Posts

Showing posts from March, 2010

Presentations available: RSA, ISACA, and Agora

It's been a busy month of presentations including RSA Conference 2010, ISACA Puget Sound, and the Agora.
The Agora is a "successful strategic association that meets quarterly to bring together the pacific Northwest's top information systems security professionals and technical experts, as well as officers from the private sector, public agencies, local, state and federal government and law enforcement."
At RSA and Agora I discussed tactics intended to compare security data visualization to strictly textual output generated by IDS/IPS. These discussions included details on AfterGlow, Rumint, NetGrok, and Maltego.
At the ISACA Puget Sound chapter meeting I covered securing the company web presence (common security threats to your web presence and what you can do about it). This talk included details specific to the OWASP Top 10 and the CWE/SANS Top 25.
The RSA presentation is here.
The ISACA presentation is here.
The Agora presentation is available upon request (russ at hol…

#6 of the Top Vulnerability Discoverers of 2009

Image
As I was last year, I am again pleased to report that the vulnerabilities I've been happily and responsibly disclosing and posting have resulted in 6th place on the list of Top Vulnerability Discoverers of 2009. Thanks to Scott Moore of the IBM ISS Frequency X Blog who compiled the list for 2009.
I remain both pleased and disconcerted to find myself on this list and wish to convey a few thoughts on the subject.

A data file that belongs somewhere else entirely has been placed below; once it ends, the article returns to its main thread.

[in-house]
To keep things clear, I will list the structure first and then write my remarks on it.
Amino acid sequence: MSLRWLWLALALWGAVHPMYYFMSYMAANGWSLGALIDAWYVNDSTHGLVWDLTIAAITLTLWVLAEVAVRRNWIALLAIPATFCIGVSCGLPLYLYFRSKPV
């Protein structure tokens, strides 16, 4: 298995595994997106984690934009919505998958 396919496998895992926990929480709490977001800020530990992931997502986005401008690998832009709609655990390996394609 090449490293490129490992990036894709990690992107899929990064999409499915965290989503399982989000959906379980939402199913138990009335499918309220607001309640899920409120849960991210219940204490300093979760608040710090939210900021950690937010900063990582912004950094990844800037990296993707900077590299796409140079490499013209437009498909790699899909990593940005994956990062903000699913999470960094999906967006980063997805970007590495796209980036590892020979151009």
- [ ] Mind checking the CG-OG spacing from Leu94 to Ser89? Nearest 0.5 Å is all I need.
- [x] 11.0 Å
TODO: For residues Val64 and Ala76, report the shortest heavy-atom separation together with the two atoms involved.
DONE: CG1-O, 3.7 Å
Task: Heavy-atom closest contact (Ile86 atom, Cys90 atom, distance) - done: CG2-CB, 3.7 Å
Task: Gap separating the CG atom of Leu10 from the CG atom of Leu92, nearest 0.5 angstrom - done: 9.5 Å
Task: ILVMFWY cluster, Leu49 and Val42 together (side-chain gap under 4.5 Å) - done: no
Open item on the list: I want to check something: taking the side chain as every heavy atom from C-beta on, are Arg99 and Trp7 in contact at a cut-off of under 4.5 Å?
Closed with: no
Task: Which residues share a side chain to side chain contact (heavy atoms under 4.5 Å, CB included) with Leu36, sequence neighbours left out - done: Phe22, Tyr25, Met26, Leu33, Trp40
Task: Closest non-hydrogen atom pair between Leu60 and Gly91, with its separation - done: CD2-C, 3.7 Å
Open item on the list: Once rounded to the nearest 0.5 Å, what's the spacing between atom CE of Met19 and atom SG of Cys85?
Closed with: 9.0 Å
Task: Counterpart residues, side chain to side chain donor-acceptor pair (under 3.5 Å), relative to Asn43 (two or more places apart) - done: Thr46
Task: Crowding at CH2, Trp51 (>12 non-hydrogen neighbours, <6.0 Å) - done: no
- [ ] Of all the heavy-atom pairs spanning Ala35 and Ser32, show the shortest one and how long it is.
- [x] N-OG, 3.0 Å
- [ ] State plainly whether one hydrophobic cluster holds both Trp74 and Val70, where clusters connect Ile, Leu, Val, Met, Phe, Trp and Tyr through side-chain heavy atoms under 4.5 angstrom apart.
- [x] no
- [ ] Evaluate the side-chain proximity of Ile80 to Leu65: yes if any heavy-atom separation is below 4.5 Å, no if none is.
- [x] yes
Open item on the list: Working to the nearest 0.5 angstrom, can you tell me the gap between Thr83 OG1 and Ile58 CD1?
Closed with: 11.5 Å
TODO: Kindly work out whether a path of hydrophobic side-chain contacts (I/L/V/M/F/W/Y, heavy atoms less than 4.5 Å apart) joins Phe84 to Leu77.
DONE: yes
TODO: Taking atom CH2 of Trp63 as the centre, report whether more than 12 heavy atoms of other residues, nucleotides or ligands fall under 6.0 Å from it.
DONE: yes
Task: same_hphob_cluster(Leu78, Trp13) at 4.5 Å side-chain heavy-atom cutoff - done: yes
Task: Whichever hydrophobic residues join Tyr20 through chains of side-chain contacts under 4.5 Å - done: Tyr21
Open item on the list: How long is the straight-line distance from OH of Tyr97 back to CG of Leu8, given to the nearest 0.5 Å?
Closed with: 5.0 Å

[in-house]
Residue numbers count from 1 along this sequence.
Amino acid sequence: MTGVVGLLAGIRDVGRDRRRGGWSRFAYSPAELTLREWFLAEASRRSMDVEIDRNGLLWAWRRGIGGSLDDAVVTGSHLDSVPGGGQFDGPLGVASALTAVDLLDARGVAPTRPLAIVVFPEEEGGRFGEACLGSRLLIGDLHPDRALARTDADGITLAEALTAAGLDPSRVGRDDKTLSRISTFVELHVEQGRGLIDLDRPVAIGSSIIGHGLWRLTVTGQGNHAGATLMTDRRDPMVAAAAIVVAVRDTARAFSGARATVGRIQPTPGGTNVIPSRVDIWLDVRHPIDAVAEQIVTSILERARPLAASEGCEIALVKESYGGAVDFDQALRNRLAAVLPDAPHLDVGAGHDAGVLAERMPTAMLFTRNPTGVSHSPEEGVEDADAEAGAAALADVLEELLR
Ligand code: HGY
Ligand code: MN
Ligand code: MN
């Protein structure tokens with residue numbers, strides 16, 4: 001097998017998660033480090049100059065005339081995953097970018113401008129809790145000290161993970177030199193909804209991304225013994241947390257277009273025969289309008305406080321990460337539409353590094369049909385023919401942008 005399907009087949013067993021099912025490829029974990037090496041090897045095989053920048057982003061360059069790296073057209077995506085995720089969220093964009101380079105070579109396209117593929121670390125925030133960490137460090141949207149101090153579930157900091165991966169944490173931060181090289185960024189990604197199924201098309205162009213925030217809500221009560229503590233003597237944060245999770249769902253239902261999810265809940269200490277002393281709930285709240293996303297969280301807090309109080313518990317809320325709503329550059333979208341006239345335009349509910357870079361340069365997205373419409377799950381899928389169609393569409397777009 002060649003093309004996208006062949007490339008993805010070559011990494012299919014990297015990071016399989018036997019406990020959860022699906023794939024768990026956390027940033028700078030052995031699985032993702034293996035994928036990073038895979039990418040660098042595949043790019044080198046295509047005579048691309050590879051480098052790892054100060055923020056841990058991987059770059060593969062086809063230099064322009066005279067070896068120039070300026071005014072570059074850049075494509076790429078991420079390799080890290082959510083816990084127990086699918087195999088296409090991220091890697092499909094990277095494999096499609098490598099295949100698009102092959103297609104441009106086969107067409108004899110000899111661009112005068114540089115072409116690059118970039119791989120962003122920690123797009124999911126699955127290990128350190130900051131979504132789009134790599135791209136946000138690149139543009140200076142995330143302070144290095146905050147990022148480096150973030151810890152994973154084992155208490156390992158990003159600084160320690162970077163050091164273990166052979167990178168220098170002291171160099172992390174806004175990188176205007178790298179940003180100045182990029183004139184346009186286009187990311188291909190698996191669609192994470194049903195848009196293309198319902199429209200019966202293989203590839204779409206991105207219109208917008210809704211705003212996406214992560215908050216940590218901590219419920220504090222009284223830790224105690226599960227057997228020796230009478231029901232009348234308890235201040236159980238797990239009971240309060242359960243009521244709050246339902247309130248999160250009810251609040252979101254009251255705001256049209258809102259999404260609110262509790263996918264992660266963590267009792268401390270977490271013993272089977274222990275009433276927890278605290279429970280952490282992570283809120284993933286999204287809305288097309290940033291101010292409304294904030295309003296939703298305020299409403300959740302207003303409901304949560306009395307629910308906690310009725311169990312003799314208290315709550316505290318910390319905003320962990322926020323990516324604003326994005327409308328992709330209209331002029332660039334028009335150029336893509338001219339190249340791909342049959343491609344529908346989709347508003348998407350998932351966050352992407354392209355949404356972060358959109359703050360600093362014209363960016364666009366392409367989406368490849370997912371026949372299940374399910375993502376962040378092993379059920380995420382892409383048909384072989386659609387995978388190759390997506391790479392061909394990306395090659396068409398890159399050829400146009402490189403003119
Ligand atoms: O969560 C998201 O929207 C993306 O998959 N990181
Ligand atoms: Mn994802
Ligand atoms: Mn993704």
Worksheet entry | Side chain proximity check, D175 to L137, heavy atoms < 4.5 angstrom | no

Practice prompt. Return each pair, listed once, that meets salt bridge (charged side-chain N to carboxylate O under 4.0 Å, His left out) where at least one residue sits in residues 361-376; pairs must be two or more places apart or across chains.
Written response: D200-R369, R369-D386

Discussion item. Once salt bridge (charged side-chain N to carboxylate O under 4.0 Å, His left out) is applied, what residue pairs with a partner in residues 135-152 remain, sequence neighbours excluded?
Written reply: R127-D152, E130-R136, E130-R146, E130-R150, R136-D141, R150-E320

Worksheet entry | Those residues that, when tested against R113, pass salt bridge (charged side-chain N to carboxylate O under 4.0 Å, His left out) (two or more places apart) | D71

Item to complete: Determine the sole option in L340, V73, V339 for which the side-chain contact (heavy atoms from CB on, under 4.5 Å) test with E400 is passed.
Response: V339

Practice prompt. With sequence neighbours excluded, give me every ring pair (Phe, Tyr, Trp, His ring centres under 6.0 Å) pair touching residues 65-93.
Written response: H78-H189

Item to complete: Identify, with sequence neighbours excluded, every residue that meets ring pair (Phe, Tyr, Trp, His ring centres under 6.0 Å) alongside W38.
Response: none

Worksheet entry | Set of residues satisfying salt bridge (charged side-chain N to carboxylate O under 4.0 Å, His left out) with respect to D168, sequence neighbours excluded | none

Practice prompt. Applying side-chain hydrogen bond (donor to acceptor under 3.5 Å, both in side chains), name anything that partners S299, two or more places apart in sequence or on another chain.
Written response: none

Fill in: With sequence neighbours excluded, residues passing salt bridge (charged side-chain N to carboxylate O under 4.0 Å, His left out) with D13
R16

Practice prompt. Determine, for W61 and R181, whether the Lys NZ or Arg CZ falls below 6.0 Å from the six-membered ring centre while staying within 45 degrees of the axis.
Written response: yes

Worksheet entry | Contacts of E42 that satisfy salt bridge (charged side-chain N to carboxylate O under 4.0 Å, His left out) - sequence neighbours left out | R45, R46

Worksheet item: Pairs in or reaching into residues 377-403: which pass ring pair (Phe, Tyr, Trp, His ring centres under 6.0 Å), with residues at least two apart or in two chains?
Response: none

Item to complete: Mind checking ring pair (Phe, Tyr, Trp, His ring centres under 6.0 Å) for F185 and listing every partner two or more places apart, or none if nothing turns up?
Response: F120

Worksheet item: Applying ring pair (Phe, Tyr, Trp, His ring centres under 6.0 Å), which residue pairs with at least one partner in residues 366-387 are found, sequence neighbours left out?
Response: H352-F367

1) First, a reminder that my work has focused entirely on vulnerable web apps and pales in comparison to the likes of others named on both the all-time list and the list for 2009. Congratulations and well done to you all.

2) My efforts resulted in what the Frequency X post indicates is 48 unique web application vulnerabilities in 2009. This again serves as a stark reminder of what a challenged state of affairs the development process is for so many web application vendors. May the SDL and its ilk prevail.

3) I will continue my discovery and reporting efforts with the intenti…

RSA: Visualizing the Zeus attack against government and military

In keeping with my presentation this Friday at RSA, I managed to time my toolsmith topic to correlate precisely; specifically, visualizing the recent Zeus attack against government and military. For the article I discuss NetGrok and AfterGlow; for the RSA presentation I'll be more focused on NetGrok and Maltego as the present more readily for a live audience. Now that "advanced persistent threat" or APT is the latest buzz word/acronym/phrase we can reminisce that good old Zeus was amongst the best and brightest of early APT adopters. ;-)

From the RSA presentation abstract:
The flood of raw data generated by intrusion detection systems (IDS) is often 0verwhelming for security specialists, and telltale signs of intrusion are sometimes overlooked in all the noise. Security visualization tools provide an easy, intuitive
means for sorting through the dizzying data and spotting patterns that might indicate intrusion…the presentation will focus on specific tools and methodology to…

Financials and the need for software regression testing

SearchFinancialSecurity.com just published my article regarding Financials and the need for software regression testing.
This article cites Ameriprise as an example of a financial services provider who would benefit from improved regression testing and version control.

This article was actually written prior to the recent SQL bug I discussed involving Ameriprise, and is made even more interesting by discussion of a possible small, unrelated Ameriprise data breach in New Hampshire.

I truly hope Ameriprise takes a close look at the suggestions offered and moves towards enhancing security practices on behalf of their consumers.

Cheers.

del.icio.us | digg | Submit to Slashdot

Please support the Open Security Foundation (OSVDB)